|CoronApp||Colombia||Both||INS.GOV||Bluetooth||8.1||Incorporates technology from pioneer contact tracing||Yes||No||Inaccuracies in logging contacts||1.2.45|
|eRouska (eFacemask)||Czech Republic||Android||Ministerstvo zdravotnictví České republiky||Bluetooth||3.26||Anonymized Bluetooth identification||Yes||Yes||NO English Version||1.0.437|
|GH-COVID 19||Ghana||Android||IQUENT Technologies||GPS||12.6||Telephone data contact tracing||No||No||Security breach||1.0|
|Virus Radar||Hungary||Android||Biztributor||Bluetooth||10.33||Random Bluetooth contact tracing||Yes||Yes||Contact lagging issues||1.0.0|
|Rakning C-19||Iceland||Both||Embætti landlæknis||GPS||10.50||Location data for contact tracing||Yes||Yes||Frozen data registration||1.1.0|
|HaMagen||Israel||Both||Israel Ministry of Health||GPS||26||Cross Referencing GPS||Yes||Yes||Multiple patch problem||1.3.8|
|AMAN App||Jordan||Android||Jordan e-Gov Program||Both||3.8||Contact tracing||No||Yes||Technical Wi-Fi Glitch||1.0|
|MyTrace||Malaysia||Android||Government of Malaysia||Both||30||Proximity information||Yes||Yes||Data privacy||1.0.30|
|NZ-COVID Tracer||New Zealand||Both||Ministry of Health NZ||Both||9.8||Contact proximity tracing||Yes||Yes||Poor designing||1.0.2|
|StopKorona!||North Macedonia||Both||Ministry of Information Society and Administration||Bluetooth||15||Bluetooth-based contact tracing||Yes||Yes||Data leak||1.1.0|
|Smittestopp||Norway||Both||Folkehelseinstituttet||Both||4.2||Anonymized movement about data patterns||Yes||Yes||Security concerns||1.2.0|
|TraceTogether||Singapore||Both||Government Technology Agency||Bluetooth||4.1||Bluetooth proximity data||Yes||Yes||Battery draining problem||1.8.1|
|NHS Covid19||United Kingdom||IOS||NHSx||Bluetooth||5.7||Web-based contact tracing||Yes||Yes||Data privacy||1.0.1|
|CoronoMap Saudi||Saudi Arabia||Both||National Health Information Centre (NHIC)||Bluetooth||9.7||Bluetooth proximity data||Yes||Yes||Concerns about accuracy of the data collection and privacy (Ref 2)||2.0.3|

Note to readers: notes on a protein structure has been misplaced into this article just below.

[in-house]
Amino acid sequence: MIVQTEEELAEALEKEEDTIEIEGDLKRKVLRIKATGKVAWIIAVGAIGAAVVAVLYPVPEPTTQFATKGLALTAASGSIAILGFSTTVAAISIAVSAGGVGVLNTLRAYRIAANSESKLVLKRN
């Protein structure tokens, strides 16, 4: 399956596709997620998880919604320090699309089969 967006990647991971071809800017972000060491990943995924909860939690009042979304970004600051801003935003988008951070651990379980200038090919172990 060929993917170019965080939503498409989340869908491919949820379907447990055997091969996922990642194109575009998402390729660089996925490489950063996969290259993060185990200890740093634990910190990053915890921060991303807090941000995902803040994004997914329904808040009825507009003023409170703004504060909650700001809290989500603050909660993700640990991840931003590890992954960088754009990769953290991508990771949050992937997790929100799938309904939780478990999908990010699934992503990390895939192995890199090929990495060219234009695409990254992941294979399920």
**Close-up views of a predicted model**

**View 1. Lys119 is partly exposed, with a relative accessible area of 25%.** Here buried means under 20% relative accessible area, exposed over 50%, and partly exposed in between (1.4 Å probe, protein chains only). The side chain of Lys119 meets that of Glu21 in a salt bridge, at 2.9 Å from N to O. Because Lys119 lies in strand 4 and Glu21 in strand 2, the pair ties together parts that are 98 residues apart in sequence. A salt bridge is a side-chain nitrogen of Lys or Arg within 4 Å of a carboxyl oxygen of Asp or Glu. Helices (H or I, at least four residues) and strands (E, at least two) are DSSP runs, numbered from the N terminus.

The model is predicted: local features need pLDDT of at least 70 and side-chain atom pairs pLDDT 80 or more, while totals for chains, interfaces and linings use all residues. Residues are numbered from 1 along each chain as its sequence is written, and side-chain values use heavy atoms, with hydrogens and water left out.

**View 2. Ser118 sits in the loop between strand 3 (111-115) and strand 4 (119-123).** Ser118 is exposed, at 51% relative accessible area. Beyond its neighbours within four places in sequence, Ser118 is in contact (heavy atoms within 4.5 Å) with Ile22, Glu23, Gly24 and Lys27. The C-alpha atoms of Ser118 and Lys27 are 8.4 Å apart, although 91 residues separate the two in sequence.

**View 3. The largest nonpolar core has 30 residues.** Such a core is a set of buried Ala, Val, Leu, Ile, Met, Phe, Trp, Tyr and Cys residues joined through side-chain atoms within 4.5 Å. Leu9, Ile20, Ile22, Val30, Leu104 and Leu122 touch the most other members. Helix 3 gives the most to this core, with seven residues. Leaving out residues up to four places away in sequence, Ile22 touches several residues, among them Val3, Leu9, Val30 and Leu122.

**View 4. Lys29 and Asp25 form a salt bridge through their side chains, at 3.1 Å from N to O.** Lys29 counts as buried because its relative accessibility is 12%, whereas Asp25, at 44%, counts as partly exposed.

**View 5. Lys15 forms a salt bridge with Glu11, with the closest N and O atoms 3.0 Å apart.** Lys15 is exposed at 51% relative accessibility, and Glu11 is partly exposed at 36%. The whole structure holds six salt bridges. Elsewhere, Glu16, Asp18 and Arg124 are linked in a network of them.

|SwissCOVID||Switzerland||Both||Swiss Federal Institute of Technology||Bluetooth||9.8||Bluetooth proximity data||Yes||Yes||Concerns about privacy (Ref 1)||1.0.3|
The success of various COVID-19 apps will, however, depend on the uptake of the application system. Academics estimate 80% of the smartphone users which is about 60% of the population will have to actively use it. Second, it is a technology-dependent process hence people should be able to navigate the system.
Researchers have warned use of the application system can pose a risk to users. The use of centralized database has triggered security concerns about data privacy; however, the Government of India and National Cyber Security Centre have tried to allay these concerns.[11,20] NHSX believe centralized database will give better insight into how the disease spreads and helps it to make the app more efficient. However, this has highlighted privacy concerns. A decentralized database on individual smartphones has been put forward by Apple and Google who suggest their system makes it harder for data breaches. The debate continues with privacy protection remediation steps underway.